Warning 1: this post is long and boring and all about what’s going on with my hip.
Warning 2: I’m beyond frustrated about my hip—the constant pain, the hoops I have to jump through to get this fixed and the time it’s taking. Therefore, my attitude is a bit negative.
So, for anyone that decided to keep reading, let me go back a bit in time...
In college, as a breaststroker (okay that sounds really bad), I had right leg adductor and hip flexor issues. I ignored them like any smart athlete would do... I got as many cortisone shots as they would allow and raced right through my four years of college. Looking back, not the smartest thing I could have done. Hindsight’s 20/20 though, right?
Anyway, after I stopped racing competitively the pain subsided. However, my right hip was always my problem area. I would feel the typical ache and pain after I put in too many running miles or did a long ride. I would typically rest it for a day or so, ice it and pop the advil. If it bothered me for a week or so, I’d go buy new shoes or try arch supports, get a massage, anything to mask the pain. In all honesty, I just kept thinking it’s one of those stupid injuries that I’ll always have to deal with—you know, the bad knees type thing.
The hip survived Ironman training (although it didn’t allow me to run as much as I would have liked) and racing. It was post-Ironman that the real issues began. In April, I started developing intense pain randomly when I ran, then it started occurring on the bike and even walking hurt. It finally got so bad that I knew I needed to see a doctor. It wasn’t just an “issue” it was a problem.
So, x-rays and an MRI later, I was told I had a stress fracture in the neck of my femur. You know the rest of this story…crutches from April to June.
As they were doing x-rays and follow-up tests to see the healing, through an MRI with dye, they discovered the real problem behind all this hip pain. I have a labral tear in my hip and a Femoroacetabular impingement (FAI).
FAI is a condition of too much friction in the hip joint. Basically, the ball (femoral head) and socket (acetabulum) rub abnormally creating damage to the hip joint. In my case, damage (what they’re saying is a severe tear) has occurred in the to the labral cartilage (soft tissue bumper of the socket).
Since the final MRI results and x-rays, I’ve seen four hip specialists/surgeons and they’ve all told me surgery is my only option. Without the surgery to fix the FAI and labral tear, it’s very likely that I would have to have a total hip replacement in just a few short years.
So, I’m having surgery to get this fixed. However, given that this type of injury isn’t all that common,it’s taking WAY longer and is WAY more complicated than I ever expected. Here are the options I’ve been given.
Option 1: Get into surgery right away. This would be open hip surgery. The doctor would open up and dislocate my hip (so they can see the bones) and repair the tear and reshapes the hip joint, then puts it back into place. The recovery time for this is LONG. Many more weeks on crutches and it could be more than six months before I’m able to return to a “somewhat” normal level of activity. The reason I can get this right away is there are more doctors available that can do this type of surgery (it used to be the only method).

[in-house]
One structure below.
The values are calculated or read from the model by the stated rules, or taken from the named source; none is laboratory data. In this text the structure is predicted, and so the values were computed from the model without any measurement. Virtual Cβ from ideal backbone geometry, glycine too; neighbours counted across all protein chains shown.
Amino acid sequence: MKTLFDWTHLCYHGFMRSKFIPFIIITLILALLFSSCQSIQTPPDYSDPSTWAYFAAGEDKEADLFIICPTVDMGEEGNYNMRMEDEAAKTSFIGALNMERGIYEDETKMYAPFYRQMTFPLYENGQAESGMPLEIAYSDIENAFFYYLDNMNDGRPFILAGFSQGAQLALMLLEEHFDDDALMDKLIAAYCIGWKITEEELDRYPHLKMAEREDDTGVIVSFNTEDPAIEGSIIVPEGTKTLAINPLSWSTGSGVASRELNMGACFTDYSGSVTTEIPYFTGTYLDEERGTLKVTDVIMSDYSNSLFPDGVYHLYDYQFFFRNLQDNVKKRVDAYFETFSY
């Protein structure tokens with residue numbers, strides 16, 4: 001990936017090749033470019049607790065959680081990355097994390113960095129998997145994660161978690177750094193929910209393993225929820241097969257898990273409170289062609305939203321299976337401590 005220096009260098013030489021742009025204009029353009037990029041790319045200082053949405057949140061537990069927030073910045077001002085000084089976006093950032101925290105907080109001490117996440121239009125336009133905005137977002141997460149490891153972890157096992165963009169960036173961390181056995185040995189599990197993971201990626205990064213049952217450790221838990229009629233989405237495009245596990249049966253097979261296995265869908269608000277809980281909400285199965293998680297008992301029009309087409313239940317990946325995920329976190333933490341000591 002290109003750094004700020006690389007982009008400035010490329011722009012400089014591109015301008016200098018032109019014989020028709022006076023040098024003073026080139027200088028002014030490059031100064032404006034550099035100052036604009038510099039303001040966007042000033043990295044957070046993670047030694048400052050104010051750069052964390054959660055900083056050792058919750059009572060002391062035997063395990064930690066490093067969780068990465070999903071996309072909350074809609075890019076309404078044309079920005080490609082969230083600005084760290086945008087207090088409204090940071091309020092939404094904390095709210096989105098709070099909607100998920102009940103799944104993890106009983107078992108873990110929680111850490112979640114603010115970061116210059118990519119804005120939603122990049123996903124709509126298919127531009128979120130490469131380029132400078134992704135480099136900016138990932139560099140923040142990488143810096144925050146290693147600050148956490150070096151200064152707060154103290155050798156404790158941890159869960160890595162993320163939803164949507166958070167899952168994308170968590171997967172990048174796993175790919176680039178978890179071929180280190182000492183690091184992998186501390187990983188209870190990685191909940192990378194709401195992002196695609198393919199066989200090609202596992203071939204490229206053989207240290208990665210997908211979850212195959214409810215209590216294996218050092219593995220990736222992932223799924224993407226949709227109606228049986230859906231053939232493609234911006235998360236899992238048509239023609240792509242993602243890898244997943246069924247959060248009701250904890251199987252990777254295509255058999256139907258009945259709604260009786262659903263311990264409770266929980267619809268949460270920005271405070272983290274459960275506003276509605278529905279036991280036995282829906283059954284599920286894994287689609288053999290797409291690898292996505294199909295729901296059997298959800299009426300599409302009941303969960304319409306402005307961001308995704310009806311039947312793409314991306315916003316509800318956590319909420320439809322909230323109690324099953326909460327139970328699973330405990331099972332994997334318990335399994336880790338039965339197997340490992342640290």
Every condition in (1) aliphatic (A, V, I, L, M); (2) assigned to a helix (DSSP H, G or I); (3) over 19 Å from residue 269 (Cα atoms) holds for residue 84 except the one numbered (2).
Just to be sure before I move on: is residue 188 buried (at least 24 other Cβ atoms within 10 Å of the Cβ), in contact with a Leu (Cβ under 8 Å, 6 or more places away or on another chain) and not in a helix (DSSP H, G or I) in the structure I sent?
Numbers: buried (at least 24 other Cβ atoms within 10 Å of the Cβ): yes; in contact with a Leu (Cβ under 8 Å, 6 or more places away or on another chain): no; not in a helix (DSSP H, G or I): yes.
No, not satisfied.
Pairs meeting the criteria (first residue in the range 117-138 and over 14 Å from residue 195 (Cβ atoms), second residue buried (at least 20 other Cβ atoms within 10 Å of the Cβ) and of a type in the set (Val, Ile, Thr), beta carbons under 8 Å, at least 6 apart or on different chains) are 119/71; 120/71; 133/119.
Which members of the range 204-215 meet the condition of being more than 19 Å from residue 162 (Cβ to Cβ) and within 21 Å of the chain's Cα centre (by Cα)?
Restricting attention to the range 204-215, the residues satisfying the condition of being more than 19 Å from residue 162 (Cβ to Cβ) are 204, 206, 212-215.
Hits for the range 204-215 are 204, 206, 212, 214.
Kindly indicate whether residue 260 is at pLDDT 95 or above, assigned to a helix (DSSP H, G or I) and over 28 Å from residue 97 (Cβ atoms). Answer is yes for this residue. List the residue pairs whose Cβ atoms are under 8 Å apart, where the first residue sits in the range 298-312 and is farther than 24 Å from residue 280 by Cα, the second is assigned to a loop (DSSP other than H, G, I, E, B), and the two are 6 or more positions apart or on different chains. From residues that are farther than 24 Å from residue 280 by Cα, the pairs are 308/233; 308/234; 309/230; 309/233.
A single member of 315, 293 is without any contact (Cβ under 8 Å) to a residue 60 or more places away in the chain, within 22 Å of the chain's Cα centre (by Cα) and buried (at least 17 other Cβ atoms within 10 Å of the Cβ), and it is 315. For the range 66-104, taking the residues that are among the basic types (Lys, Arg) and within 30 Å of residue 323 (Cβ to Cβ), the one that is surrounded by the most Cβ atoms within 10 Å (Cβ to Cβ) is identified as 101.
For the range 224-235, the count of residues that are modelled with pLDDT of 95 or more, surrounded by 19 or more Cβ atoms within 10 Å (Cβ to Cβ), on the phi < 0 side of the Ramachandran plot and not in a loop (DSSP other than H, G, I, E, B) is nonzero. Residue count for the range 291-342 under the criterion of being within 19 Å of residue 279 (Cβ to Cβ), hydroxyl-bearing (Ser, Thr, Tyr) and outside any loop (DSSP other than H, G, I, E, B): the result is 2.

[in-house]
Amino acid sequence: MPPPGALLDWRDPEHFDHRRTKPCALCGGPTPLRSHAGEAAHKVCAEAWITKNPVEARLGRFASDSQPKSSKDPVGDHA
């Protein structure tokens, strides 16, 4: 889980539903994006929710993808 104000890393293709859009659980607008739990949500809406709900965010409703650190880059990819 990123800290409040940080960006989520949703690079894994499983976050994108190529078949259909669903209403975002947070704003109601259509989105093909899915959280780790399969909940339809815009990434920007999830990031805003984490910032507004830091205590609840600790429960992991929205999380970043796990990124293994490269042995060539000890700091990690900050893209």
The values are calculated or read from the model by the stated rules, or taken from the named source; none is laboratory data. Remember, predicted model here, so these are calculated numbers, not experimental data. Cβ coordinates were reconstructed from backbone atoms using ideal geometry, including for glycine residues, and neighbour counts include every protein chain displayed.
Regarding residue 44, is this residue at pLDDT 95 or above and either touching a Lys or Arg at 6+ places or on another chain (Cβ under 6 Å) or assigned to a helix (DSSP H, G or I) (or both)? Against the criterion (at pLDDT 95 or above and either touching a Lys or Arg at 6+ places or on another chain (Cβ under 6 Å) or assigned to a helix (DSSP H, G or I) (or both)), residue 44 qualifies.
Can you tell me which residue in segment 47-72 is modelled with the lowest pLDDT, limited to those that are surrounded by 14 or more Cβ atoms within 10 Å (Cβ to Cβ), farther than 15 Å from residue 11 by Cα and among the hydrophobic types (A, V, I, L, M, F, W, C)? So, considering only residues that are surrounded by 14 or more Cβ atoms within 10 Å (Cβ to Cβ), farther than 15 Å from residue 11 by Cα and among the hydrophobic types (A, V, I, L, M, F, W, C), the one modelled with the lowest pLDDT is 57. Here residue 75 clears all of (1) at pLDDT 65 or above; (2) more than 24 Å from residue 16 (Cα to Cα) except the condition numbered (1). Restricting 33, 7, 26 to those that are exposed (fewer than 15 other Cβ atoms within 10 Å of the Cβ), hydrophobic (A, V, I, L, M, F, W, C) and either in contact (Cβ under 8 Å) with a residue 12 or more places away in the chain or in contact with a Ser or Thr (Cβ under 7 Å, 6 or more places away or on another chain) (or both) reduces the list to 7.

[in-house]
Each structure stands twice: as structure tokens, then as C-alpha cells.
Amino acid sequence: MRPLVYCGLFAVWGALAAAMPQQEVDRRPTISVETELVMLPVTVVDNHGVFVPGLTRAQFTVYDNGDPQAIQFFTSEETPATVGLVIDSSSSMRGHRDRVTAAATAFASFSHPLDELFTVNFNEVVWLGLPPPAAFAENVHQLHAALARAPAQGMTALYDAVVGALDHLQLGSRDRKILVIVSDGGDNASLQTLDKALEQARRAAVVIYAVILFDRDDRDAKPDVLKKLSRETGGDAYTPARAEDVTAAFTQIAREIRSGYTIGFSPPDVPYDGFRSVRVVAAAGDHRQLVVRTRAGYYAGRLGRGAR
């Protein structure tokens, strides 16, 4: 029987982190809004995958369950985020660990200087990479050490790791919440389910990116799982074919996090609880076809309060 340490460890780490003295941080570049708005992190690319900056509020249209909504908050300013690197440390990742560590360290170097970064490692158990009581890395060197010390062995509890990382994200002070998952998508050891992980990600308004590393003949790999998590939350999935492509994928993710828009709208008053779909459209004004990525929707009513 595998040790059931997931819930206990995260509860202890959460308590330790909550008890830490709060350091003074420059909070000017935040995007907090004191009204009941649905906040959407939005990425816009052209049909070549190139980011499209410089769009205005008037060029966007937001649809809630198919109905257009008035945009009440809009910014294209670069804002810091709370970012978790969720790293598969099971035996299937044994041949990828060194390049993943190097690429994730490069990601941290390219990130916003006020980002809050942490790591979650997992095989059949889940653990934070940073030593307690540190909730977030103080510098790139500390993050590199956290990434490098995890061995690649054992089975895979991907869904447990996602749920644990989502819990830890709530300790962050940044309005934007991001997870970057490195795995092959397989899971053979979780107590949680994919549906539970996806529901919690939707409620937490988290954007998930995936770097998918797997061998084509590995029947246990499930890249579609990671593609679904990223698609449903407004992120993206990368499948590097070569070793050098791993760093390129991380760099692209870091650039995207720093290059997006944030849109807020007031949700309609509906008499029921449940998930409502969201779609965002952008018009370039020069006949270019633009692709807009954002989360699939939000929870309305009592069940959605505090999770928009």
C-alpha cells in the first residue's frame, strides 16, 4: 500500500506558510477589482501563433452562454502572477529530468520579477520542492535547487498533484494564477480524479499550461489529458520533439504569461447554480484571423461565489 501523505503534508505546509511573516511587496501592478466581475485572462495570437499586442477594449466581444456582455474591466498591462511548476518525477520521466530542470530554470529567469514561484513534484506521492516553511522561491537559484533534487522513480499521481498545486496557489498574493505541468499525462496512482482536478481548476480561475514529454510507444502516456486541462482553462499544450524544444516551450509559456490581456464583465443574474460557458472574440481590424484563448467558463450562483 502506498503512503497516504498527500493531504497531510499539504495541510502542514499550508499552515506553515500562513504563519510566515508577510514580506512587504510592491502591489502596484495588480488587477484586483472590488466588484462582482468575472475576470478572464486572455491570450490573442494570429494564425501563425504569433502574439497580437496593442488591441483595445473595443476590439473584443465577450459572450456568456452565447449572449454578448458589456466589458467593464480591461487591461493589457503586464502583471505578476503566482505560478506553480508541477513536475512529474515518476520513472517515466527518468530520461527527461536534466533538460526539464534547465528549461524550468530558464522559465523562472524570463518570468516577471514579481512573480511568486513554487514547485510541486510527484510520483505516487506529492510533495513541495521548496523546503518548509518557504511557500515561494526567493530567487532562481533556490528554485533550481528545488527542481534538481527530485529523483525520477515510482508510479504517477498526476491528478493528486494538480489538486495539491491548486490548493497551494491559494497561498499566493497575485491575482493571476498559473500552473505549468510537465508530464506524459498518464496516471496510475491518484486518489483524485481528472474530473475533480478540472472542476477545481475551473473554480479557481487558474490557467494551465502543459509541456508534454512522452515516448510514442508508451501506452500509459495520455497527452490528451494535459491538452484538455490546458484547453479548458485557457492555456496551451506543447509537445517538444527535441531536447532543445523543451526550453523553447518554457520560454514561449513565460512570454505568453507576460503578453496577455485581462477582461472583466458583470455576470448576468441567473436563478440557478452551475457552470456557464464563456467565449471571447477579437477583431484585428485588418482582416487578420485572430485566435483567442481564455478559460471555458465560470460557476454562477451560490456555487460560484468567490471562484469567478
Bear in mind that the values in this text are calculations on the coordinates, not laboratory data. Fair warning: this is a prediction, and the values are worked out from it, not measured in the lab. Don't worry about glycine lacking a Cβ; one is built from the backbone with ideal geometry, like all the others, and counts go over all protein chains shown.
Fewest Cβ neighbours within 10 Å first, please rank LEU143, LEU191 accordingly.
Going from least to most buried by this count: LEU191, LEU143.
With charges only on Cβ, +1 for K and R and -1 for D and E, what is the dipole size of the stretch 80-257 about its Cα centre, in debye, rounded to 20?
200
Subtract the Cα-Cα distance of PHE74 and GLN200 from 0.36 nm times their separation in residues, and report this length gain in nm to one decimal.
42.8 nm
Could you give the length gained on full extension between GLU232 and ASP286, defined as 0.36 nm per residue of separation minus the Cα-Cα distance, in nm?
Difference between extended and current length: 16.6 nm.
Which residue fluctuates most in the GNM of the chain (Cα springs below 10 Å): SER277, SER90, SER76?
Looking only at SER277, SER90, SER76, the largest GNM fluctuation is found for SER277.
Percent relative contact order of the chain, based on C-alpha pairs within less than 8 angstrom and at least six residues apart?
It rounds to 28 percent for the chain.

I’ve decided against option one and going with option two.
Option 2: Arthroscopic surgery using a camera and instruments inserted through small tubes. The surgeon applies traction to pull the joint open so they can work through tiny incisions. Recovery is usually quick – they say patients are back on an exercise bike in 24 hours, just a couple weeks on the crutches and back at it again in a few months. The hard part about this procedure is there are major nerves and vessels adjacent that can get damaged. There is a ball and socket configuration which is inherently round, but they're putting in straight instruments that have to travel deep through the body into that compartment. This is why there are only a handful of surgeons that can do this procedure. In fact, in the US there are about 5. Needless to say, even with not that many individuals needing this somewhat rare surgery, the waiting list for the arthoscopic procedure is LONG.
That said, I found a doctor in LA that is one of that handful. He’s AMAZING and has successfully performed numerous hip arthoscopic procedures. We’re working with the medical board to get me in quickly but as of now, it might be January/February before I can get this done. They were hoping for October/November but I’m not keeping my hopes up too much.
So, yes, I’m frustrated because I’m still unable to run. I can’t bike more than 40 miles without feeling the hip act up, walking is even a chore sometime and I’m still in pain 90% of the time. However, I feel confident about my decision to wait and do the less invasive procedure with a doctor I know has performed this on athletes in the past (his list includes NFL football players). The way I see it, even by waiting I’ll likely recover before I would have in the open hip procedure.
So, there is the hip update. It’s now a waiting game. I’ve learned several lessons in this process. Including the most important one—you’ve only got one body. Treat it right. Take care of it because even in your 20’s you can create damage that if not caught early enough might be irreversible. Pain is a signal that you need to slow down, or yes, even stop. So maybe it took me a long time to learn this…but I’ve learned.